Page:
The DCLDE workshop dataset consists of passive acoustic data from two 3.5-h deployments of fields of 32 sonobuoys deployed in 2018 in the Gulf of St. Lawrence, Canada, one of the core habitats of North Atlantic Right Whales (NARW) in Canadian Waters (Figure 1). Coincident shipboard and aerial NARW visual surveys as well as oceanographic surveys by Slocum ocean gliders were conducted within each sonobuoy array. The objective of this work was to collect a multimodal dataset to advance NARW monitoring, particularly by refining NARW detection, classification, and localisation. Typical sonobuoy spacing was approximately 8 km (4.2 NM), and recorded by the Royal Canadian Air Force (CP 140). This dataset is kindly made available to the DCLDE community by the research consortium consisting of Dalhousie University, Fisheries and Oceans Canada (DFO), Defence Research and Development Canada (DRDC), the Acoustic Data Analysis Centre (ADAC), the National Oceanic and Atmospheric Administration (NOAA) Northeast Fisheries Science Center (NEFSC), the New England Aquarium (NEAq) Anderson Cabot Center for Ocean Life (ACCOL), and the Canadian Whale Institute (CWI). The acoustic data was collected by the Royal Canadian Airforce (RCAF).
Although the current dataset has been mainly set up for testing localisation algorithms we encourage people to explore using this dataset for other purposes, such as detection, classification and density estimation. We look forward to seeing and comparing what great work you all can come up with, and hope to see you at the DCLDE 2024 which is anticipated to take place in the Netherlands.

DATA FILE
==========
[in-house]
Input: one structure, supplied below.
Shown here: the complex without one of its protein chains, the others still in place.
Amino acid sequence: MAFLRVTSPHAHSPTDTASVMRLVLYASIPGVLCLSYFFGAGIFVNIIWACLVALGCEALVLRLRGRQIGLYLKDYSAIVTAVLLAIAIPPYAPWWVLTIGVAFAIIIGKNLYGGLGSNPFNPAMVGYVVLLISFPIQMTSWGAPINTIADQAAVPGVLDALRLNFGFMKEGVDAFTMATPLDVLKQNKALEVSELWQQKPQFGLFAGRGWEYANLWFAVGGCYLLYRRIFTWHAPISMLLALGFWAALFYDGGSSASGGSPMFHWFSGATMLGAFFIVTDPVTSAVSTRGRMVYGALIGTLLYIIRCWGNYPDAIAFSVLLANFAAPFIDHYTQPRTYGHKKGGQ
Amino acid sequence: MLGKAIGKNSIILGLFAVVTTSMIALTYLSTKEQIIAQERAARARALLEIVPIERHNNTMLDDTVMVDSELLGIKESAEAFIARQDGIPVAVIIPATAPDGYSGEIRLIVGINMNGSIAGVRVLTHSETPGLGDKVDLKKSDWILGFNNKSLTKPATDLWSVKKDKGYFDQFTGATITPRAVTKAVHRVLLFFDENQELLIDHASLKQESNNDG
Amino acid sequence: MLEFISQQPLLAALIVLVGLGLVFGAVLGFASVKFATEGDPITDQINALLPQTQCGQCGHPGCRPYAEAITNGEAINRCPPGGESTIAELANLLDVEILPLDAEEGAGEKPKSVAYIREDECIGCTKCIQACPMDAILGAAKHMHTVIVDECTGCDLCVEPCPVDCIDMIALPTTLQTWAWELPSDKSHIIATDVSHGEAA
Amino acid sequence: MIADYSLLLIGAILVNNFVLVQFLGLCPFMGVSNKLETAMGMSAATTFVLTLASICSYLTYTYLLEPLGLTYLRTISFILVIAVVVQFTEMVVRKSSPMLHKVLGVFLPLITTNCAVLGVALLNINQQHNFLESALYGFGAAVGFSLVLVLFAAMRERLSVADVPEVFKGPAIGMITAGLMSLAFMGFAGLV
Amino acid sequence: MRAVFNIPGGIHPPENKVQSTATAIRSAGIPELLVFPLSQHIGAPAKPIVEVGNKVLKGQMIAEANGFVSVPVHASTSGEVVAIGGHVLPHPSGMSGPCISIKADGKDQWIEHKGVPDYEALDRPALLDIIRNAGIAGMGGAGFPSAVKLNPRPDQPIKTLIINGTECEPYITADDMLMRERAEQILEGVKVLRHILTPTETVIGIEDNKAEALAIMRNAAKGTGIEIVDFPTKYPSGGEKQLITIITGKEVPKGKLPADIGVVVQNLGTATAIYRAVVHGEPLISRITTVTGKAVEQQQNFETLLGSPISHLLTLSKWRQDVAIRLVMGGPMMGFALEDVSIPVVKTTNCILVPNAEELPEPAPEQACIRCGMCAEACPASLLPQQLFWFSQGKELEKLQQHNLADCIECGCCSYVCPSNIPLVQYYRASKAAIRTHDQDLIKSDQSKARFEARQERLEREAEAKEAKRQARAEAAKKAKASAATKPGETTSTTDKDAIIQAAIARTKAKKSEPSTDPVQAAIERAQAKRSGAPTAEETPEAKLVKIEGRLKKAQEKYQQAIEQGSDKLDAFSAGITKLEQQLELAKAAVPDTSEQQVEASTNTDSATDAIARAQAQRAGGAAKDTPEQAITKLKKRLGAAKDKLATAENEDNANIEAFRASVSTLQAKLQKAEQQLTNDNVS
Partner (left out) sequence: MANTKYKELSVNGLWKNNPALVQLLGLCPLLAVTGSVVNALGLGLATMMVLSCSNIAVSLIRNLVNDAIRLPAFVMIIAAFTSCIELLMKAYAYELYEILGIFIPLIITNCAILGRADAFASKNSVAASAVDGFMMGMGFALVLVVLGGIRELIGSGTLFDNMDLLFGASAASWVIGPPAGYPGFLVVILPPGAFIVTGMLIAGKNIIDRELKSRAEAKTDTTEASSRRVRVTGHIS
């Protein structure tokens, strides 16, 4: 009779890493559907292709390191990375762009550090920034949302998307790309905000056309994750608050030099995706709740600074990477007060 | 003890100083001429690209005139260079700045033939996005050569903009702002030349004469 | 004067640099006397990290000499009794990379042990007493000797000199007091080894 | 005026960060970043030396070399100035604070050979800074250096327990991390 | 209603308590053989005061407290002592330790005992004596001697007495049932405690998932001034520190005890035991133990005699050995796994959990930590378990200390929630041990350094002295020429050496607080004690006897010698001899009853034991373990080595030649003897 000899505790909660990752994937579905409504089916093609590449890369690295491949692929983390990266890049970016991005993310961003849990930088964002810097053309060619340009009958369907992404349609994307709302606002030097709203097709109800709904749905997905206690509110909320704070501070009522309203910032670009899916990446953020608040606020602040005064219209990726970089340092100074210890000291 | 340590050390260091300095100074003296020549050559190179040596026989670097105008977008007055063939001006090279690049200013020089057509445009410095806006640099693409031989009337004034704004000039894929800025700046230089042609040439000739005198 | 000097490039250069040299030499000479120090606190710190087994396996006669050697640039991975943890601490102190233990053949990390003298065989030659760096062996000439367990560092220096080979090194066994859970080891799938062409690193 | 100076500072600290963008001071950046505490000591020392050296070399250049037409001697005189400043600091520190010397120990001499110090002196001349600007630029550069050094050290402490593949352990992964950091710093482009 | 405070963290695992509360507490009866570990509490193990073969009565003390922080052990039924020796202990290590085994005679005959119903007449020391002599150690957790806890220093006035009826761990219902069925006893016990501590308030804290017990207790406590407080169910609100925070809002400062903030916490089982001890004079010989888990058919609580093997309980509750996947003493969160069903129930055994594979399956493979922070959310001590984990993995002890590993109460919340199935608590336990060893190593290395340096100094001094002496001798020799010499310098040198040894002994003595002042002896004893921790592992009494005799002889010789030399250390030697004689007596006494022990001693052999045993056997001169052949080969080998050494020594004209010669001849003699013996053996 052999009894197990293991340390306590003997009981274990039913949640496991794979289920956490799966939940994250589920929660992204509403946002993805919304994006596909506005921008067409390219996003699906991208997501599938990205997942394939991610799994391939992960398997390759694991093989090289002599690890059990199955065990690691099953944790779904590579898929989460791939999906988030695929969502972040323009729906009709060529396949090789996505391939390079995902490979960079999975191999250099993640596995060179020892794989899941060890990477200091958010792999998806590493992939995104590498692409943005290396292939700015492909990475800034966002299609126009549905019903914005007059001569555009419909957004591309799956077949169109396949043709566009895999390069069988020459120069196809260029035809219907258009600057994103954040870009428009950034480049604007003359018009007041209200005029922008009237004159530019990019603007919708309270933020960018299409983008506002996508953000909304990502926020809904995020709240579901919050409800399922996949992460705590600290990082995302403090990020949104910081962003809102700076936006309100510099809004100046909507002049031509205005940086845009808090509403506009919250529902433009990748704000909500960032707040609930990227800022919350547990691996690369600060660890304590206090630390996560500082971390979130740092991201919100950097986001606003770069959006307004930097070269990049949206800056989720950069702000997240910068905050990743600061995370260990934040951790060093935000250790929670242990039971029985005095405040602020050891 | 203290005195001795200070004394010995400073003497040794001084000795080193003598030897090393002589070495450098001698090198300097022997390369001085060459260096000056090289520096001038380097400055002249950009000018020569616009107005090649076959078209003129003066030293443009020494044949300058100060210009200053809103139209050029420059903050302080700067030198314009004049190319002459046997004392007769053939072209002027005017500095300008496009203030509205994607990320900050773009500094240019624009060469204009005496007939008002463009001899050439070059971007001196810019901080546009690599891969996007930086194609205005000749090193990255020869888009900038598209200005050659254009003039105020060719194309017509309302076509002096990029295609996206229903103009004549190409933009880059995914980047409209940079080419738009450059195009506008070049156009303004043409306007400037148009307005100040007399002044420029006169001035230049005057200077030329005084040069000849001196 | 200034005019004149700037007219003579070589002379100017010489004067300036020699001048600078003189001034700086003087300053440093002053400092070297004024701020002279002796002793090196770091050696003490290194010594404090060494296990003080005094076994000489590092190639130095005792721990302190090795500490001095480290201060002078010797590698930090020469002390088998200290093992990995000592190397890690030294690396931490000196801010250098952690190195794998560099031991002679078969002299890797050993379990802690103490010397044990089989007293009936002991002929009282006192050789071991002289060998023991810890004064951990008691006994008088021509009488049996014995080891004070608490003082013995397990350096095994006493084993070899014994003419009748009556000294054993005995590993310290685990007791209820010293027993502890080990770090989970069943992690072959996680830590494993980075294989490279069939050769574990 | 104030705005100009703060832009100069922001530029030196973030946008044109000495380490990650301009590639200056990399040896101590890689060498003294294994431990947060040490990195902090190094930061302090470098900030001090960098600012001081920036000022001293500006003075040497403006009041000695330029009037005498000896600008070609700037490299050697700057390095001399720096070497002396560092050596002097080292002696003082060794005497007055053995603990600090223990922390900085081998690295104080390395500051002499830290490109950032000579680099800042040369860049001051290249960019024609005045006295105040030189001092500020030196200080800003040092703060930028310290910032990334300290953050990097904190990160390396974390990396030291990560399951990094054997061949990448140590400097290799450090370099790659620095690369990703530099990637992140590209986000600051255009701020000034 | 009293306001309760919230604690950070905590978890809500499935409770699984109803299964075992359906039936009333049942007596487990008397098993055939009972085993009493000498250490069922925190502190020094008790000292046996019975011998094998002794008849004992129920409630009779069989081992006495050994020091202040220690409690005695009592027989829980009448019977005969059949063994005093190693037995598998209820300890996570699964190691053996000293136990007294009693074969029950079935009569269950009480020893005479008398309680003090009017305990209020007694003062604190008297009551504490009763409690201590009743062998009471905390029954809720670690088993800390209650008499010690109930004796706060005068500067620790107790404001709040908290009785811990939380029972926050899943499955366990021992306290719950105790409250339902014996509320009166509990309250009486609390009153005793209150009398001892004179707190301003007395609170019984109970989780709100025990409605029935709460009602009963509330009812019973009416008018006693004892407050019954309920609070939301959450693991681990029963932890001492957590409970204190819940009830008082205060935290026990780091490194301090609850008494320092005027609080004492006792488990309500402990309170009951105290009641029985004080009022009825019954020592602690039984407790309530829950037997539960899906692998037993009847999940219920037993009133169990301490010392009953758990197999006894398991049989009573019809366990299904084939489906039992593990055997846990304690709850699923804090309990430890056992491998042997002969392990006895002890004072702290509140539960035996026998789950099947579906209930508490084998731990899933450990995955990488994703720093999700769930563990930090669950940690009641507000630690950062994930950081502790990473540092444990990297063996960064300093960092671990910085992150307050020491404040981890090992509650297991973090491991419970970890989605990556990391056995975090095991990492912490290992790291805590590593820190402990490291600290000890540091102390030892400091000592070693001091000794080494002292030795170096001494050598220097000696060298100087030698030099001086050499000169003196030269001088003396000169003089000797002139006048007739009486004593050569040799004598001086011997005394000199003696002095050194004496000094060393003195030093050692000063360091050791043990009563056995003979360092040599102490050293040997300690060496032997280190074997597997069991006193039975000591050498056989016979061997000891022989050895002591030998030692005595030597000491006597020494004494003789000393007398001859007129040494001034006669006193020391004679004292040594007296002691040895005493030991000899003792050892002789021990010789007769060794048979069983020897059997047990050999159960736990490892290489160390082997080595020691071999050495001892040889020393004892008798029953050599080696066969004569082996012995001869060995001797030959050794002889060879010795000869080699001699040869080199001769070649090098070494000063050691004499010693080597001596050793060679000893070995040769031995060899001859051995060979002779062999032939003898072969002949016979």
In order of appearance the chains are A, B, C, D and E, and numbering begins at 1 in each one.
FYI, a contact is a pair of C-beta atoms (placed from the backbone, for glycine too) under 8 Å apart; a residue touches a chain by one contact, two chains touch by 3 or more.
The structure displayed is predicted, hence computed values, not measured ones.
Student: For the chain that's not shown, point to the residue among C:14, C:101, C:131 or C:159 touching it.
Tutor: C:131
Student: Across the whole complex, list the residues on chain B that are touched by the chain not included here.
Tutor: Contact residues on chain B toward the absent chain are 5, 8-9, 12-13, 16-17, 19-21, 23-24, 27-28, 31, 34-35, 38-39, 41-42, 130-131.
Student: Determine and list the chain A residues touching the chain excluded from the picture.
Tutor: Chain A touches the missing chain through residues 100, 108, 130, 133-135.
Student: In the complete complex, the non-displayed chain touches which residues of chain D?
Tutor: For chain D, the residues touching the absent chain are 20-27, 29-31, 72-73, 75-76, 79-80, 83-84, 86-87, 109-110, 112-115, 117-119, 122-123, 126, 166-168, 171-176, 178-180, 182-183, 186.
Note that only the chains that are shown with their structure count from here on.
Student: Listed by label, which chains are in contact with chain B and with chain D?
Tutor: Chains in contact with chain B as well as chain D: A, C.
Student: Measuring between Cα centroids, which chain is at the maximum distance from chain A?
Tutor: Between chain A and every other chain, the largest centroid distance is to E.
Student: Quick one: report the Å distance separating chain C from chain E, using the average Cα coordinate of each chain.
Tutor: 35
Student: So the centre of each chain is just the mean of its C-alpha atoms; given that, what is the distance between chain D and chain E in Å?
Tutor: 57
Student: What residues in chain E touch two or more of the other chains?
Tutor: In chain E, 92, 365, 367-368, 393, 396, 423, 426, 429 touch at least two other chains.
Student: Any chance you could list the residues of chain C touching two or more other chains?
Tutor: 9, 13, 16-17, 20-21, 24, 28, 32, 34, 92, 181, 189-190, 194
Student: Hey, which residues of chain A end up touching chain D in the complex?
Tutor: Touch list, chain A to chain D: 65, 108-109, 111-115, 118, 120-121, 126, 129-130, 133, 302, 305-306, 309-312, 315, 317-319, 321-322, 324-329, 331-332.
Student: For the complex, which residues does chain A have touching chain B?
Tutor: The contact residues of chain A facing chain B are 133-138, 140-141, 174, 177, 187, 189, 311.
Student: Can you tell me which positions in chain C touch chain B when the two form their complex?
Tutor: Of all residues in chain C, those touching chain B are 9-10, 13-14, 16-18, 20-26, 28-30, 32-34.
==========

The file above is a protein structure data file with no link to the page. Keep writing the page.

There are two ways to get access to the data:
A full data description of the dataset can be found in the DCLDE2024 dataset report. This can be downloaded here. The dataset can be accessed through the DRDC website. Access details for this website can be found in Chapter 4 of the report.
The datafiles and supporting meta-data can be downloaded from the website. We’re working on a batch-download to simplify the download process, but this may take a while.
If for some reason this does not work for you, we can also send around a FileTransfer for those interested. This can be done on a weekly basis and over which we will collect requests over the week. Please contact us through the email@example.com mail address.
We ask people to provide estimated location for calls one week before the workshop so we can collect and compare the estimates.
Please provide location estimates in .csv file
Date (UTC), x (UTM20T), y, z, sigma x, sigma y, sigma z, x, x5%, x95%, y5%, y95%, z5%, z95%, Lat, lon (fields optional, leave empty if not available from your method)
At the workshop we intend to organize a dedicated session to compare/discuss localisation methods
- Call types
- Buoy location
- Environmental uncertainties
- Depth estimates
- Is the method real-time?
Further potential discussion points:
- Ideas for further optimization of mobile networks
- Discuss derived output (if available):
- Bioacoustics: Animal source level, call rates, etc.
- Behaviour: Dive behaviour
- DE: Detection functions, density estimates
If you have any question, please contact us through the firstname.lastname@example.org mail address.